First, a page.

To investigate the impact of TMEM63C on EMT, we transfected HEK 293 with specific siRNAs against TMEM63C for 48 h and analyzed the ratio of α-SMA versus E-cadherin mRNA expression. Compared to controls, the ratio of α-SMA versus E-cadherin increased significantly in siTMEM63C-treated cells (Fig. 5).

Fig. 5.

The effect of TMEM63C inhibition on α-SMA versus E-cadherin. HEK 293 were transfected with inhibitory siRNAs against TMEM63C (siTMEM63C) or nonsense control siRNAs (siControl) for 48 h. Shown is the ratio of mRNA expression of α-SMA versus E-cadherin normalized against GAPDH. The mean ± SEM of at least 3 independent experiments is represented. (***) p < 0.001. TMEM63C, transmembrane protein 63C; α-SMA, α-smooth muscle actin; HEK 293, human embryonic kidney cells 293; siRNA, small interfering RNA.

Fig. 5.

The effect of TMEM63C inhibition on α-SMA versus E-cadherin. HEK 293 were transfected with inhibitory siRNAs against TMEM63C (siTMEM63C) or nonsense control siRNAs (siControl) for 48 h. Shown is the ratio of mRNA expression of α-SMA versus E-cadherin normalized against GAPDH. The mean ± SEM of at least 3 independent experiments is represented. (***) p < 0.001. TMEM63C, transmembrane protein 63C; α-SMA, α-smooth muscle actin; HEK 293, human embryonic kidney cells 293; siRNA, small interfering RNA.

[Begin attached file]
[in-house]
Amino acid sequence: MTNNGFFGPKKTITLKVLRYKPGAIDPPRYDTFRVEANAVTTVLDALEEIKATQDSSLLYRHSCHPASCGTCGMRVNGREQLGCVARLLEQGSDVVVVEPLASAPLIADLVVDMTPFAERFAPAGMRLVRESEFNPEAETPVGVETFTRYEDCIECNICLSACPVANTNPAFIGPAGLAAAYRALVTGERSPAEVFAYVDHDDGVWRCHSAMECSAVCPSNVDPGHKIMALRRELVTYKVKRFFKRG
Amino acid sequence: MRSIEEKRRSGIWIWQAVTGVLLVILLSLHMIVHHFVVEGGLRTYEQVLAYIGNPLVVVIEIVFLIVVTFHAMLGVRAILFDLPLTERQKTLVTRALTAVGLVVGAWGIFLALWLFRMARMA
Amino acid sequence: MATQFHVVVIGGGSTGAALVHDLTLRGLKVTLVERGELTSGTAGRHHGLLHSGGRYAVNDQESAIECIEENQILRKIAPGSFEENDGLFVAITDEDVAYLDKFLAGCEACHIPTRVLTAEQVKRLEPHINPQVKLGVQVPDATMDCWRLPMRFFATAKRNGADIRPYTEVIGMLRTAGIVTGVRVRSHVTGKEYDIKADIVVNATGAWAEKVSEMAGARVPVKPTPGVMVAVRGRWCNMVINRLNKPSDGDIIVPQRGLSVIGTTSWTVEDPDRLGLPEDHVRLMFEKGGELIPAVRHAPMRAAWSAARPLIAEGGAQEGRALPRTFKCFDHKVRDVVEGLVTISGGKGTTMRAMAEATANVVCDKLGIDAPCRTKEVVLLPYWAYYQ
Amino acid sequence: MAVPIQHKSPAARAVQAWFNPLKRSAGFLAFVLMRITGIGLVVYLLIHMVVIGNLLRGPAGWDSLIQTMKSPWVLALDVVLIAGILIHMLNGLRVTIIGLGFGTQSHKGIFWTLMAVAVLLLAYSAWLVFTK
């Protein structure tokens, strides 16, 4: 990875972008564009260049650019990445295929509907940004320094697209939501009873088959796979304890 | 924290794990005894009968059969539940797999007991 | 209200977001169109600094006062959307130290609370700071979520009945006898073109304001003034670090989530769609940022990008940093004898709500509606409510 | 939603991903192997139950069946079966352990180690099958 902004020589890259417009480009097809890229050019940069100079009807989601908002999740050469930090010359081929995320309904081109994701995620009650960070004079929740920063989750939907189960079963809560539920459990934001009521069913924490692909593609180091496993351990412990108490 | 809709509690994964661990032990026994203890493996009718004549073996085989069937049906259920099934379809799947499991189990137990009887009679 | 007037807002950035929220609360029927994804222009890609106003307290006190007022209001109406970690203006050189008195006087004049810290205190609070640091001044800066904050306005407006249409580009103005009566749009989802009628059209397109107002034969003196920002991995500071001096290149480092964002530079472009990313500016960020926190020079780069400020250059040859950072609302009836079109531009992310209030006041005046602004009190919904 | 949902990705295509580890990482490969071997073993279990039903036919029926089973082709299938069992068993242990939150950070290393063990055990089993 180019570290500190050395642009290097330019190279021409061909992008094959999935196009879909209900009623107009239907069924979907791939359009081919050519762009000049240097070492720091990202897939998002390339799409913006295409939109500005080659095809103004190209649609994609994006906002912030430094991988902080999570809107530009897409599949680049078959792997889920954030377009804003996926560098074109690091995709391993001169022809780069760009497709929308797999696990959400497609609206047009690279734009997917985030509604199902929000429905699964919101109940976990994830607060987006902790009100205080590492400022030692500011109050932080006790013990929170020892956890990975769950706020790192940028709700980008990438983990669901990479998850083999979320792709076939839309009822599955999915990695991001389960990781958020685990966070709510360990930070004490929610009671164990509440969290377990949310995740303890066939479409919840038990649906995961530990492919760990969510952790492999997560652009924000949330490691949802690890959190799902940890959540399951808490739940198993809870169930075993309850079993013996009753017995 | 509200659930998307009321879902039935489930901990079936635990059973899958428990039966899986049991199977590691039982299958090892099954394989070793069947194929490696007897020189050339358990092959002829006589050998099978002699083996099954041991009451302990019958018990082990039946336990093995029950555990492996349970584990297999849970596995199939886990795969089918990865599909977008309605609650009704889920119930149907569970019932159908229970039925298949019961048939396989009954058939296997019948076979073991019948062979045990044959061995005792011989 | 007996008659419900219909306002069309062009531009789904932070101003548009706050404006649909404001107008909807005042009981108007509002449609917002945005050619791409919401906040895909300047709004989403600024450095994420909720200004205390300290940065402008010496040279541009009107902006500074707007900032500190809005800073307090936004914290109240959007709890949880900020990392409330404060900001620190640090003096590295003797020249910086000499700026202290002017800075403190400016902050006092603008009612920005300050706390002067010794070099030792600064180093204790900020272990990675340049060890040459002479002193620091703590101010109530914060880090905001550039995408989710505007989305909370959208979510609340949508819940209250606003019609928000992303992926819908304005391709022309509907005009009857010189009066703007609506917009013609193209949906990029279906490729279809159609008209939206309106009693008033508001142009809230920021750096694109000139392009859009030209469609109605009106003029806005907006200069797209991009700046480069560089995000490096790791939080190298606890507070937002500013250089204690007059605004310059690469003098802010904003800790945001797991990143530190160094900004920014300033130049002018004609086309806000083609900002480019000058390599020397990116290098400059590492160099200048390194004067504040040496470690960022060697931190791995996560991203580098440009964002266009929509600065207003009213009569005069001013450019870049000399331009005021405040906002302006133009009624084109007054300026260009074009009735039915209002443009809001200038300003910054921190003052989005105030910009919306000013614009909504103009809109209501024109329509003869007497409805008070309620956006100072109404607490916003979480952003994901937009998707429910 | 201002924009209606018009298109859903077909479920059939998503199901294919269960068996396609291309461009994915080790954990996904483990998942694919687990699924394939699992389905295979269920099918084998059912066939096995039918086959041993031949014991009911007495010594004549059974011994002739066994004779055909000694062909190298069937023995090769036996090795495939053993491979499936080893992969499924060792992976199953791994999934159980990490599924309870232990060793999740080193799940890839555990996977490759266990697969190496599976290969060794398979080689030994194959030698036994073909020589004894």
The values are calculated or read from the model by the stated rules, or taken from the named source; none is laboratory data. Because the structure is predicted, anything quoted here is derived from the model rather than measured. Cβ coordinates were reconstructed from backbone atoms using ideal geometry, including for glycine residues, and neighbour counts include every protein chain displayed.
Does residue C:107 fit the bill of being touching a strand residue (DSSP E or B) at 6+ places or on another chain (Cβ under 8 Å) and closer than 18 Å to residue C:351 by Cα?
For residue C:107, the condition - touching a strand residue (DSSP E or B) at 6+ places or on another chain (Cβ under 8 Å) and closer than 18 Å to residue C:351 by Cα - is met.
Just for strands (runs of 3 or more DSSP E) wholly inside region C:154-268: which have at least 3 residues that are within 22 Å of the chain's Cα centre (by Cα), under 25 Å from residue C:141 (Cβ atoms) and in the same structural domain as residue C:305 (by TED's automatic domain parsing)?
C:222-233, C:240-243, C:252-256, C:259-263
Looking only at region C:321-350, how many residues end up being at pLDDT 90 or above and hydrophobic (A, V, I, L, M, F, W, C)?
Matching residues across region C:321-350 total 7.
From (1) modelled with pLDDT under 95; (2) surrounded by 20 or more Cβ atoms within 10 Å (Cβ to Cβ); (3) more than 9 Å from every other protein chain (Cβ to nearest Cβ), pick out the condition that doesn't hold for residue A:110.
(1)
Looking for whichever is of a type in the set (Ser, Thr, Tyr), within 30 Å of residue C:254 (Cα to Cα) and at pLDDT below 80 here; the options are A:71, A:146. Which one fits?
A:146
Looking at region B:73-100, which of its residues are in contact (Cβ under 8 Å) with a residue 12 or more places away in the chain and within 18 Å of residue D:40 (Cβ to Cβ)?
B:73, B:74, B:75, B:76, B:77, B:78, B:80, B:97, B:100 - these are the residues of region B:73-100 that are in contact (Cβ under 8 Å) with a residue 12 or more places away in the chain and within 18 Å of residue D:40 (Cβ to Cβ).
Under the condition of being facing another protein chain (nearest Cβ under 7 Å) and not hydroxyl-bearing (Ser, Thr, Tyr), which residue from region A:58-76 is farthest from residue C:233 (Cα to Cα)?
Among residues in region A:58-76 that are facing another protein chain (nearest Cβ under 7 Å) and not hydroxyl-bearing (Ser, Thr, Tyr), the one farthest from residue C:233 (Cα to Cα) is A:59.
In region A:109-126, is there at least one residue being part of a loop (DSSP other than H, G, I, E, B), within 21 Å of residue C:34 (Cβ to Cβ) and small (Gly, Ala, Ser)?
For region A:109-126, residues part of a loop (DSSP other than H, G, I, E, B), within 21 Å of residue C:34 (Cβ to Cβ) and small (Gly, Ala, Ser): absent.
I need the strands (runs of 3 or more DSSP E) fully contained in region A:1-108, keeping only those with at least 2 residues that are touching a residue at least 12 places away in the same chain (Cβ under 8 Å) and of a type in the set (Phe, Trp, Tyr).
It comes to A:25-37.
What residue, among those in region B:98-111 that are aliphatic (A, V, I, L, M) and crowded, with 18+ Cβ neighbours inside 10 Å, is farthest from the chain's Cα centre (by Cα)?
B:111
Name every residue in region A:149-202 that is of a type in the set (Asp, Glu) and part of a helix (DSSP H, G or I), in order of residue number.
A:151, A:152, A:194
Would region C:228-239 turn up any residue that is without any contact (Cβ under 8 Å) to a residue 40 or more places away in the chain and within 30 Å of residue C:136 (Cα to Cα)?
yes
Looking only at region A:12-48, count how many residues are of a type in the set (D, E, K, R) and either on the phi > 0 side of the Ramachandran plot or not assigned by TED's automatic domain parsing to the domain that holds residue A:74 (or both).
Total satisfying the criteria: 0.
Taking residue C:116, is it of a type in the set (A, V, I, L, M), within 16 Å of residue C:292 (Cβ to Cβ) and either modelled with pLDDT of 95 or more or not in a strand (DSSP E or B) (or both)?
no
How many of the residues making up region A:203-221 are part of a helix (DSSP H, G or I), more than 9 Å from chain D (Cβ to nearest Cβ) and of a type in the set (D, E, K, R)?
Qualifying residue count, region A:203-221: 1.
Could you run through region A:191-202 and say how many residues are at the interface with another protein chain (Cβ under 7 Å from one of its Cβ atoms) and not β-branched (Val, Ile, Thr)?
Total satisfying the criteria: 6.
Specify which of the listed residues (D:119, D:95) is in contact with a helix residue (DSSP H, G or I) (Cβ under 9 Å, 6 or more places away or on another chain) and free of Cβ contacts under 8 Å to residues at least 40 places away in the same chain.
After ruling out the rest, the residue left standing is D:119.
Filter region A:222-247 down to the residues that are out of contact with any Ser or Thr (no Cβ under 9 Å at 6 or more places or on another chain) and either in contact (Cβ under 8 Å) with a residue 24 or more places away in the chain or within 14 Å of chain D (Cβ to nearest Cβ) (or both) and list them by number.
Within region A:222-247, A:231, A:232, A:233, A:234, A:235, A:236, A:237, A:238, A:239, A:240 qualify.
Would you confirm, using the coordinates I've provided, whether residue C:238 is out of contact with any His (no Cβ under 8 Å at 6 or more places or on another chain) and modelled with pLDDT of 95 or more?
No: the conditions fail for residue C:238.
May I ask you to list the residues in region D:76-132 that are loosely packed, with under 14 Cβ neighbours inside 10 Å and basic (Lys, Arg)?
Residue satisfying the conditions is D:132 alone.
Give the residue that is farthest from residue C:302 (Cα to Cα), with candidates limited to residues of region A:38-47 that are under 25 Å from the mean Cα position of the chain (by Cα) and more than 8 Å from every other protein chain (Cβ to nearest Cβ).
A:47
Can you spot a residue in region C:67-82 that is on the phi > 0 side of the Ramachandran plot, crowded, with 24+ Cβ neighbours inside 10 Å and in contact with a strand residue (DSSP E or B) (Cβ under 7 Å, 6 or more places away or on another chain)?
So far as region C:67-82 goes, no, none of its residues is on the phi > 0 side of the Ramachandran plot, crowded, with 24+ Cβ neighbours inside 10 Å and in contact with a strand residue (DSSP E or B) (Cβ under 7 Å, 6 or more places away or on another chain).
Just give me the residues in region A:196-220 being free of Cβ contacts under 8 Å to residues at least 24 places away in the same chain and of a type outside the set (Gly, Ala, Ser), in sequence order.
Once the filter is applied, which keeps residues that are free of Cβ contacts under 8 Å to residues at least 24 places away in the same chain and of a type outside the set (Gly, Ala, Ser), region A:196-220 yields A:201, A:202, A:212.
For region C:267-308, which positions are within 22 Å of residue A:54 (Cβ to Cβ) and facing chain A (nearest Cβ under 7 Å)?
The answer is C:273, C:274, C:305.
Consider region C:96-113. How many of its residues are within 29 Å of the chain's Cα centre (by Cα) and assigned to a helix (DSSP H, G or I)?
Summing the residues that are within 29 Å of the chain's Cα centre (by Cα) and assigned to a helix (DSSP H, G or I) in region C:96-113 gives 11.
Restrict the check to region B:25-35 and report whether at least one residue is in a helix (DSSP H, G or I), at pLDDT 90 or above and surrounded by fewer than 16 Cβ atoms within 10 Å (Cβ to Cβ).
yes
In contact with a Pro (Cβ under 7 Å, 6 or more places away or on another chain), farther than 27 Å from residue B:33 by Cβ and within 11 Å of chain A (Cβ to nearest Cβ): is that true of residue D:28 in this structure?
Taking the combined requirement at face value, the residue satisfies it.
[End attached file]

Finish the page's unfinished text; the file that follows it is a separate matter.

Close modal

MiR-564 Decreased TMEM63C Expression in hPC

In addition to the experiments in HEK 293, we analyzed the impact of miR-564 on TMEM63C expression in hPC. Compared to controls, TMEM63C mRNA expression was significantly reduced in miR-564-transfected cells after 48 h (Fig. 6).

Fig. 6.